This is exactly what is explored by Vanessa Springora’s book on the trauma of having been in a ‘relationship’ with the French literary personality Gabriel Matzneff when she was fourteen years old. Titled ‘Le Consentement’, it traces her life to ask fundamental questions about power imbalances and cultural understandings of consent. Springora talks not only about people not raising red flags over this arrangement that she had with the then fifty-year-old Matzneff, but actually encouraging it and seeing it as something that she should feel ‘chosen’ for.
The incidences that she talked about in her memoir include the abuser visiting her while she was hospitalized to no one’s objection, and her confession to the paediatrician that she experiences pain when he has ‘sex’ with her leading to the doctor offering to operate on her hymen. He would also regularly come to pick her up from school, and instead of the teachers seeing that as a red flag, one actually talked to Springora about their literary admiration for Matzneff.
When the police had received anonymous letters about the ‘relationship, he moved into a hotel with her so that he could not be traced at his residence. She told the New Yorker, “Sexual abuse, and especially that of minors, is sadly universal, but what’s particular to France in this story is the impunity, the silence that was imposed, not to protect a family or an institution but, rather, a literary figure who was placed at the top of the cultural pyramid.”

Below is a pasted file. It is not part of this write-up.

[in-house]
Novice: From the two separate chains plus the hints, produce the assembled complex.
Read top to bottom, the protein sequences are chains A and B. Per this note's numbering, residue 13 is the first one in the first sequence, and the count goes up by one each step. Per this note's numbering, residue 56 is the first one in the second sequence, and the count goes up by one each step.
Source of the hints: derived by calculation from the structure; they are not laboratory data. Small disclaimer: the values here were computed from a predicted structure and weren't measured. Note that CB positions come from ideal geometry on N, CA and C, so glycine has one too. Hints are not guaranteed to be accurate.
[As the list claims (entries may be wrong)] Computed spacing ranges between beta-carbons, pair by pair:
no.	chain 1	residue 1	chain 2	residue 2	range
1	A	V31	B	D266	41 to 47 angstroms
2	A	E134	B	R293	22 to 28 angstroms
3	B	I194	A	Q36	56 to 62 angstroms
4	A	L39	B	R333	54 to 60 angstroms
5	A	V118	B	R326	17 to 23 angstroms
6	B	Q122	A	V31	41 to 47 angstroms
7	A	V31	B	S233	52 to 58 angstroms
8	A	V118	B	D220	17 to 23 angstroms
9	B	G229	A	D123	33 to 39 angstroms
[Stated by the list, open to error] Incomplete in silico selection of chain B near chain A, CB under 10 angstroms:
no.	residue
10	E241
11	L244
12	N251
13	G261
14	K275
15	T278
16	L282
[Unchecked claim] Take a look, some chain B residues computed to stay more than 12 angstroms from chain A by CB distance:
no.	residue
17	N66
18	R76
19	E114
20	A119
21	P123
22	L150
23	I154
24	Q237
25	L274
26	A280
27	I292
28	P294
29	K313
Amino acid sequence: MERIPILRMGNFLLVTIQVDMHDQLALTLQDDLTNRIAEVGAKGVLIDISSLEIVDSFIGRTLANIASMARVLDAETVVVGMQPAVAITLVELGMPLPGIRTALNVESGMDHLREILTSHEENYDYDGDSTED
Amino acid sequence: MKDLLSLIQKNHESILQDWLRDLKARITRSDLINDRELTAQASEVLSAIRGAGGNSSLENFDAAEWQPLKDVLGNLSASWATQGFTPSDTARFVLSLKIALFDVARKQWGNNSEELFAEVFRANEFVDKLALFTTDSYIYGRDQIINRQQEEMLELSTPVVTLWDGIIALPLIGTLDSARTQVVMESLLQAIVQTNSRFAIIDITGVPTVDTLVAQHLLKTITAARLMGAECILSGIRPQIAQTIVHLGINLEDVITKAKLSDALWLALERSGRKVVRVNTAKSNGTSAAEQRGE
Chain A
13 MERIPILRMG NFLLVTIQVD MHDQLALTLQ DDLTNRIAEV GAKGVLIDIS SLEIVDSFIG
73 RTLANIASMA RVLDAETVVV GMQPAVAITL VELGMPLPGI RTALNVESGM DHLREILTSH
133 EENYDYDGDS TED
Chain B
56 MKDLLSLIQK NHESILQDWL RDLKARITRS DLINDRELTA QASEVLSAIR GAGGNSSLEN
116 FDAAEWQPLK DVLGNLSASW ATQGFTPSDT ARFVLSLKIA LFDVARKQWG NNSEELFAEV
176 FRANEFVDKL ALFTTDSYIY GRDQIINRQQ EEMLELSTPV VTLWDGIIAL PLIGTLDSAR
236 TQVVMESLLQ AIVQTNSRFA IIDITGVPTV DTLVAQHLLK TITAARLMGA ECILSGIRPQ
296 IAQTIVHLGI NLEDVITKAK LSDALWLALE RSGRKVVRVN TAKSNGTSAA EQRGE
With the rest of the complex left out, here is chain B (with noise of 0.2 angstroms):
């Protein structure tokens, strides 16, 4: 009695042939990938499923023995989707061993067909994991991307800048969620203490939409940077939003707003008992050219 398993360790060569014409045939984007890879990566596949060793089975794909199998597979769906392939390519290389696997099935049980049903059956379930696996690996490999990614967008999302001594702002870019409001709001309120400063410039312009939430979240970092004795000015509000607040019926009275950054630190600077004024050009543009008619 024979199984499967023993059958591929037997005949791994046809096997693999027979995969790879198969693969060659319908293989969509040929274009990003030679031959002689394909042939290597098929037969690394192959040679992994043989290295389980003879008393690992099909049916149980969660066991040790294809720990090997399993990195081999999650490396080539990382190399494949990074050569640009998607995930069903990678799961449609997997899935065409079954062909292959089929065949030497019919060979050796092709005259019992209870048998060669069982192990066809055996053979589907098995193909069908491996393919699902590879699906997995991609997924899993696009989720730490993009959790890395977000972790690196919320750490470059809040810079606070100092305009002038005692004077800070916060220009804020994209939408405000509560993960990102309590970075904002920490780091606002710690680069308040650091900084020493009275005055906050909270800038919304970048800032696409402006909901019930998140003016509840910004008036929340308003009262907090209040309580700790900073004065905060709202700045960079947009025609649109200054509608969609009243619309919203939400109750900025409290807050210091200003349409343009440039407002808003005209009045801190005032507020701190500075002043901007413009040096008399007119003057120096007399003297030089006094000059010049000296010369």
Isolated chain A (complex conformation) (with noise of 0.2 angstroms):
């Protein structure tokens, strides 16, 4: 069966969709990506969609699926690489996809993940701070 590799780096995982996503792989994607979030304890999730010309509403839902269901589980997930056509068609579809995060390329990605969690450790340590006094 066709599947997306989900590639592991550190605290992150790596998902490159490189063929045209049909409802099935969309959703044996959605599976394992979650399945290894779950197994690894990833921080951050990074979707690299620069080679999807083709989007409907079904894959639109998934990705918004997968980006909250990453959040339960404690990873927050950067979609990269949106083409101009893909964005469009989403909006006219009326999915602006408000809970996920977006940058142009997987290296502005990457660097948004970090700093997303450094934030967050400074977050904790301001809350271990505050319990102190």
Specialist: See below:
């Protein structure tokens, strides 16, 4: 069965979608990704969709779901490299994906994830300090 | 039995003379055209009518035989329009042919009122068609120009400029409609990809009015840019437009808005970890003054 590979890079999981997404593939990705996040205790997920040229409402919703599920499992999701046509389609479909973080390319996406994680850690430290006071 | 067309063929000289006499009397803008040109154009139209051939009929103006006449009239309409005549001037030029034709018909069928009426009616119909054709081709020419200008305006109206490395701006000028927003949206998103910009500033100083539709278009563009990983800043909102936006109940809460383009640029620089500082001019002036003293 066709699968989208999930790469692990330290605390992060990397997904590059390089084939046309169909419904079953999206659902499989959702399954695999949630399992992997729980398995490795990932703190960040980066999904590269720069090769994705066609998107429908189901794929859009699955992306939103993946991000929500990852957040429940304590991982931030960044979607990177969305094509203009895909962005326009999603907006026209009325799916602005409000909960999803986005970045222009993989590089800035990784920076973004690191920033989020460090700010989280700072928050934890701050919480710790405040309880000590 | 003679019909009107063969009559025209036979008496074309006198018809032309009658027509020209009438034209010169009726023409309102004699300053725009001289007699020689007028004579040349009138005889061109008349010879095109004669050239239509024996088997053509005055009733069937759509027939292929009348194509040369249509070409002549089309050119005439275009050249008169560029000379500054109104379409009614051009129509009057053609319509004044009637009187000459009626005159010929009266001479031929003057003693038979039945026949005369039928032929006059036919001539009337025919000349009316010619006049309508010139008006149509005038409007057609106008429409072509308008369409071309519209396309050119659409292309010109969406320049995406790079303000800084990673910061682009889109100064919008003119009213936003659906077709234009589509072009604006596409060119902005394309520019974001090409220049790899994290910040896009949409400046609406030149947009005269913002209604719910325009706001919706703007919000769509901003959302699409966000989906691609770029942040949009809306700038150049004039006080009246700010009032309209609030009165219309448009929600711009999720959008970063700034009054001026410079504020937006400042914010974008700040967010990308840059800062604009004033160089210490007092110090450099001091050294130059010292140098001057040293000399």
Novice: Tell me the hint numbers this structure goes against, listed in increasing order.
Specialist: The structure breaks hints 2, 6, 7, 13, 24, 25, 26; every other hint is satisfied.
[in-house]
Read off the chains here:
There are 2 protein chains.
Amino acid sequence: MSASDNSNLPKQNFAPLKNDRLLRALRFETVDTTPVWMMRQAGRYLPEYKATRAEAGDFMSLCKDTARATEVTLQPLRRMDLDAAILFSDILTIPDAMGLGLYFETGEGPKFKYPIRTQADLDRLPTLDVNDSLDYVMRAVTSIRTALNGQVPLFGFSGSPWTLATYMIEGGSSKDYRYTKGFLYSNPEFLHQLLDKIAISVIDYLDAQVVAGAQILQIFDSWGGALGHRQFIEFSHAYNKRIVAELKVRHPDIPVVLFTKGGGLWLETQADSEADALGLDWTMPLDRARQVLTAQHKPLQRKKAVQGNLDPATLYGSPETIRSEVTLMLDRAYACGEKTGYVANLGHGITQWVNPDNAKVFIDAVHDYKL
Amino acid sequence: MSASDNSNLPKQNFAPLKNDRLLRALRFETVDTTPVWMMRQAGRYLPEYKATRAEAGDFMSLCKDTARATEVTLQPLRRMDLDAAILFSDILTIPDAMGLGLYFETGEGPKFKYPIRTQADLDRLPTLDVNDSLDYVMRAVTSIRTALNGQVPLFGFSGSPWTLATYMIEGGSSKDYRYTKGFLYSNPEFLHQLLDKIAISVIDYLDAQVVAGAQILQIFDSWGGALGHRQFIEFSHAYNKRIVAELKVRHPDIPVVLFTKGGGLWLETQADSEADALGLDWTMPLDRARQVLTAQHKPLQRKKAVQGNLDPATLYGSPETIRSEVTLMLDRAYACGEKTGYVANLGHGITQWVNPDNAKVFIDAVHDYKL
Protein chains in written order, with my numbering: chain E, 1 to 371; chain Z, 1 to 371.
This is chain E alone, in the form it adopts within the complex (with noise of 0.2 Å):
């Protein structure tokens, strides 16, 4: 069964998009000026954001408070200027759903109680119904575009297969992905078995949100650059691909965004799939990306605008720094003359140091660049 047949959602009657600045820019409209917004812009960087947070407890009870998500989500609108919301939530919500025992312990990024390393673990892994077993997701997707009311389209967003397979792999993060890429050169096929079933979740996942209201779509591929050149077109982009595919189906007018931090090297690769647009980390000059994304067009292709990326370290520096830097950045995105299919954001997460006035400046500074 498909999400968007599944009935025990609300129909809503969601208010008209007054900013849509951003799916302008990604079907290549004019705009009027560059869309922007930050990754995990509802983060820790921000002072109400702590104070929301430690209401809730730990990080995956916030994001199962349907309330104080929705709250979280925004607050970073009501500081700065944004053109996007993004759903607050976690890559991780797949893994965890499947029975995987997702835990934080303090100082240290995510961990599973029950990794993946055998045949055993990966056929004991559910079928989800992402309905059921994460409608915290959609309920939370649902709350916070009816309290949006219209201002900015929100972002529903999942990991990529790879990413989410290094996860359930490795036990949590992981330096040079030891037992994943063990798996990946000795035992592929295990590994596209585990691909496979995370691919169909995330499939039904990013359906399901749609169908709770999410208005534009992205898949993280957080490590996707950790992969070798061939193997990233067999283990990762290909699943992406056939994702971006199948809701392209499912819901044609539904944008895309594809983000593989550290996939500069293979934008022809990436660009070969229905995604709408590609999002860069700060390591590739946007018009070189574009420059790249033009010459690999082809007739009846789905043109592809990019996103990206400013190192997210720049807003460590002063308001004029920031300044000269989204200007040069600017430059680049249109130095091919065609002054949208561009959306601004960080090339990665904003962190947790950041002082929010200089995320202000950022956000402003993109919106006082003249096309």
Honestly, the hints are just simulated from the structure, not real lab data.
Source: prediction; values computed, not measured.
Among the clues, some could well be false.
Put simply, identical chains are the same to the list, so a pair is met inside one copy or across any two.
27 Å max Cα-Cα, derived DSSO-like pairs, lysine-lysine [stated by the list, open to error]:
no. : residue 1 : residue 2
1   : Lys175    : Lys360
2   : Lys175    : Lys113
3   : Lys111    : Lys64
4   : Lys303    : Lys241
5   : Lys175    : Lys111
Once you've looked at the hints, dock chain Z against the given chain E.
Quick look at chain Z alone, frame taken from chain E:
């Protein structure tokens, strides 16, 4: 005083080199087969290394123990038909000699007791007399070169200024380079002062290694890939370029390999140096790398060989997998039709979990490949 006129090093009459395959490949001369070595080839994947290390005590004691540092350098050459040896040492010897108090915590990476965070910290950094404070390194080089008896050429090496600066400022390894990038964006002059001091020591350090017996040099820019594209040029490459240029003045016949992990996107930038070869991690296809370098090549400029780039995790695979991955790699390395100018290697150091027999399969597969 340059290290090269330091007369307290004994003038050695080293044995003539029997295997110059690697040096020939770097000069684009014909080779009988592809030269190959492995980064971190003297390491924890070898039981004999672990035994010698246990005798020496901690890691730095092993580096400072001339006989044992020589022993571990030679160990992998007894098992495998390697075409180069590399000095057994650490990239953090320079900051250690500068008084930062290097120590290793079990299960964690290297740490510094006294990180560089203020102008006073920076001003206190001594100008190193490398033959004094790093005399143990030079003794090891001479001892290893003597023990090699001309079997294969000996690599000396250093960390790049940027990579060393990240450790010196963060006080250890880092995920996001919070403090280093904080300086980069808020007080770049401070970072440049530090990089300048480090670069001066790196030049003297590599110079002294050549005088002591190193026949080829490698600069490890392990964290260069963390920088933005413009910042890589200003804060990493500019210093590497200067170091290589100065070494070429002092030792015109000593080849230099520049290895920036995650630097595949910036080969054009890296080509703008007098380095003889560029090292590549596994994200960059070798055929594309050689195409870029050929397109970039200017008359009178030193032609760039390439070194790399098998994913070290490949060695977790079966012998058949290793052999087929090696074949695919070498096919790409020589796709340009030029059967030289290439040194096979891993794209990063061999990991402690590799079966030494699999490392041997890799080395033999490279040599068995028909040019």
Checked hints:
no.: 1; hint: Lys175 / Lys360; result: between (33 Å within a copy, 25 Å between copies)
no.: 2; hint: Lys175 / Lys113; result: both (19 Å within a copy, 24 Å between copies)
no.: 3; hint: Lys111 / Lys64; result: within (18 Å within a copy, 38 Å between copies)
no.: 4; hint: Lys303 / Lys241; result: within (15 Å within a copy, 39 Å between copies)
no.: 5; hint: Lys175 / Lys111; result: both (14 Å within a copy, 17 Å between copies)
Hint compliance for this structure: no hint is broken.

Consequences And Consent
It is also noteworthy that she was not a one-off case for Matzneff: he was rather publicly and adoringly known in France for his perverse attraction towards children. In fact, his published diaries actually include accounts of having multiple children- some as young as eight years old- in bed with him at once. Following the publication of the book, a case has been filed by the organisation l’Ange Bleu and the now eighty-three-year old Matzneff has been charged for promoting paedophilia through his books and public appearances.
At the same time, the understanding of the conversation around the concept of consent has evolved in France, prompted in part by Springora’s memoir and in part by the global feminist discourse. Just like the shaming and denial of female sexual agency in Eastern cultures creates space for exploitation, the presence of an understanding of ‘sexual freedom’ through the patriarchal and powerful male gaze in Western cultures does the same thing.
This is why in 2019, Sandra Muller lost a defamation case in France against the ‘pig’ that she had named on Twitter. It is in 2021, without any significant change in facts or evidence, she finally won her appeal against that judgement because the French court and public seem to have taken note of the nuanced conversation around consent which is a huge global consequence of the #MeToo movement. Our global cultural understanding of consent has been in need of a reform for a long time, and #MeToo has finally given space for the world to take the first step towards that direction.